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Sean Spicer raged against First Amendment after college newspaper misspelled his name as ‘sphincter’

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A letter written by Sean Spicer to his college newspaper demanding a correction for rudely misspelling his name is making the rounds again.

The White House press secretary first became involved in politics as a student at Connecticut College, where he earned a few enemies at the student newspaper by working to ban smoking in the dining hall, according to a Washington Post report.

In their reporting on Spicer’s anti-smoking crusade, the College Voice referred to him as “Sean Sphincter” — which the newspaper insisted was simply a spelling error.

But Spicer, now 45, sent a letter of complaint to the newspaper in 1993.

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“Maybe I am not all that familiar with the production of a ‘newspaper,’” Spicer wrote. “But I am really not sure how this can be explained as unintentional. While I would understand, and at this point even expect a misspelling or a misquote, this goes well beyond that.”

The letter circulated last month, but it found renewed attention after CNN’s Andrew Kaczynski shared it Monday after Spicer barred the cable network and other less-than-friendly news outlets from the White House press briefing.

“While I as an individual have had to bear all the repercussions, the people responsible have been able to hide behind the shield of the College Voice and the First Amendment,” Spicer complained to the college newspaper. “The First Amendment does uphold the right (to) free speech and a free press, which I respect, however this situation goes beyond the bounds of free speech.”

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Spicer wanted an apology, but the Voice‘s editorial staff stood by their reporters and told the future White House official that a public apology violated their professional standards.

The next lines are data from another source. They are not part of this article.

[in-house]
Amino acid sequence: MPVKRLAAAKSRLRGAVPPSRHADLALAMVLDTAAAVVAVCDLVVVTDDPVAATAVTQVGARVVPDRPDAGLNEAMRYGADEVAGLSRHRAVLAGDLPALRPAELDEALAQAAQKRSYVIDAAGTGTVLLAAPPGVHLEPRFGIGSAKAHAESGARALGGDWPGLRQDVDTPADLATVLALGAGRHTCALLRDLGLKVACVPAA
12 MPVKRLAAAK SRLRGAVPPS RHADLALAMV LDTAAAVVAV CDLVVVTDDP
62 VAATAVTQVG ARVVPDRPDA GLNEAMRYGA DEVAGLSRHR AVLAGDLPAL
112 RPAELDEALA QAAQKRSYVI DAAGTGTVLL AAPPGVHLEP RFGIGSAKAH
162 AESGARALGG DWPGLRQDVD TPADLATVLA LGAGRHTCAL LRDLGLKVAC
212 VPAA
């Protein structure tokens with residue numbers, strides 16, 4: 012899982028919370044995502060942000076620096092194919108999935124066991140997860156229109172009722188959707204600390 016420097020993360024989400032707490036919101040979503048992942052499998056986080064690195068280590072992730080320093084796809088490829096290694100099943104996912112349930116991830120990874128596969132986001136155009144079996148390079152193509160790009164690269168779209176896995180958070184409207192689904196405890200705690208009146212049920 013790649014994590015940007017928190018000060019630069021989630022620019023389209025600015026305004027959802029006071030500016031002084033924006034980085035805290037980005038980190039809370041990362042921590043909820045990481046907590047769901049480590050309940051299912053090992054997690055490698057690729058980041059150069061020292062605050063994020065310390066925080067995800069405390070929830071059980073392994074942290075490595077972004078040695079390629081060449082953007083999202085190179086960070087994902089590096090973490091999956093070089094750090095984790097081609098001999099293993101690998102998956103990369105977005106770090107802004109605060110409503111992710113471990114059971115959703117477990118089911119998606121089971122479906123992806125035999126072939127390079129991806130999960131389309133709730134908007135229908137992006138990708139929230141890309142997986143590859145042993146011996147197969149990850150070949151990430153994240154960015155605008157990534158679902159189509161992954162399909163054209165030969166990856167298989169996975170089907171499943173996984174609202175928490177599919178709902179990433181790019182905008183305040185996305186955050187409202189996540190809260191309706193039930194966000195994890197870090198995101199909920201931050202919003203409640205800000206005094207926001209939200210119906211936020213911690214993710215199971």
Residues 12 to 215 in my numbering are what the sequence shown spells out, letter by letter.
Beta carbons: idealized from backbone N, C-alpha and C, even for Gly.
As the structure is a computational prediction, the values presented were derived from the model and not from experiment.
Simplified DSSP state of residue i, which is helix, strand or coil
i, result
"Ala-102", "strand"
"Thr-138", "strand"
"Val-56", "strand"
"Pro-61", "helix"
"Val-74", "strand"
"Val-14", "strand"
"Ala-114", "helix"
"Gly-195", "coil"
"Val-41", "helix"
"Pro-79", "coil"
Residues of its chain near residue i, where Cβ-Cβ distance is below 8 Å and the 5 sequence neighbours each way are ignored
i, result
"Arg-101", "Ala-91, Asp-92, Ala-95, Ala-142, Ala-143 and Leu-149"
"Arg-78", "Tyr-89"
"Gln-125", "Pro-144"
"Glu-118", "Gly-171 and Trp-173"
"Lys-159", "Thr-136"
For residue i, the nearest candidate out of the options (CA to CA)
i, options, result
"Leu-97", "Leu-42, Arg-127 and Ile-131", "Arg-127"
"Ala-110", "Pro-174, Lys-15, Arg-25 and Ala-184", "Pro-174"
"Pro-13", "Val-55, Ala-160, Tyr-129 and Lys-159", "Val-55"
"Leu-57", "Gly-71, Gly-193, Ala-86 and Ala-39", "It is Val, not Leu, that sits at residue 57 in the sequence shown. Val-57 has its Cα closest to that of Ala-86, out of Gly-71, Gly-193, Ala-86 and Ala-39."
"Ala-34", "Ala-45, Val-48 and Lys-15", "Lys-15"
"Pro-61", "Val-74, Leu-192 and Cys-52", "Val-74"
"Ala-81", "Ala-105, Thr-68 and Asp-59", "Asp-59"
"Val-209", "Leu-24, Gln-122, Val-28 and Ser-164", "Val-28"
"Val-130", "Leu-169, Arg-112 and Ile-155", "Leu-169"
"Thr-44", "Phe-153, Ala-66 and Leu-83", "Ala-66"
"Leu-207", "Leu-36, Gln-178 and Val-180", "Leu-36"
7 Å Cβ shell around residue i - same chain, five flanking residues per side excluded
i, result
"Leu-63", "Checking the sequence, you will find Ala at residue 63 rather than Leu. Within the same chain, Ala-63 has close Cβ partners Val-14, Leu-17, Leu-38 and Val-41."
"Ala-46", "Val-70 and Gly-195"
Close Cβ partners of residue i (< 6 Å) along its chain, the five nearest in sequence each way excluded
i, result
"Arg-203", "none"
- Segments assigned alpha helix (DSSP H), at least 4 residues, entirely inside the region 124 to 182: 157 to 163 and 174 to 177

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2020 Election

Here’s how Trump hopes to recreate his 2016 presidential win — and how Democrats can send him packing

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Writing for CNN on Saturday, election forecaster Harry Enten explained how President Donald Trump's recent, racist behavior lies in his desire to recreate the same electoral conditions that gave him a victory in 2016 in the presidential election next year.

"The Trump strategy is pretty simple: 1. Drive up the unfavorable ratings of his Democratic rival as he did in 2016 in order to compensate for his own low ratings. 2. Bank on an electoral college/popular vote split as he did in 2016. 3. Use a campaign of racial resentment to drive up turnout even more among groups favorable toward the President," wrote Enten. As he noted, Democrats have excellent odds to flip back Michigan and Pennsylvania, but they will have to work harder to win back any of the other states Trump flipped from the 2012 Obama camp — in particular Wisconsin, which was the closest state after those two.

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American, Italian and Russian blast off for ISS

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US, Italian and Russian astronauts blasted into space Saturday, headed for the International Space Station, in a launch coinciding with the 50th anniversary of the Apollo 11 Moon landing.

Alexander Skvortsov of the Russian space agency Roscosmos, NASA's Andrew Morgan and Luca Parmitano of the European Space Agency set off on a six-hour journey to the orbiting science lab from the Baikonur Cosmodrome in Kazakhstan at 1628 GMT.

A NASA TV commentator hailed a "textbook launch" minutes after blastoff in "sweltering" weather in Baikonur, where daytime temperatures reached 43 degrees Celsius on Saturday.

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Conservative suggests Trump’s racist rhetoric will incite worse than ‘send her back’ chants: ‘One shudders to wonder’

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In a column for the Washington Post, conservative Pulitzer Prize-winning writer Kathleen Parker said the refusal by Republican lawmakers and the evangelical community to condemn Donald Trump's racist rhetoric is paving the way for something far worse than mere "send her back" chants.

Under a headline that bluntly states, "Those who don’t condemn Trump’s racism are complicit in his bigotry," Parker gets right to her opinion of the president, writing, "Going out on a limb here: President Trump is a racist. And a sexist. And a xenophobic nationalist. Among other things. Not to name call or anything."

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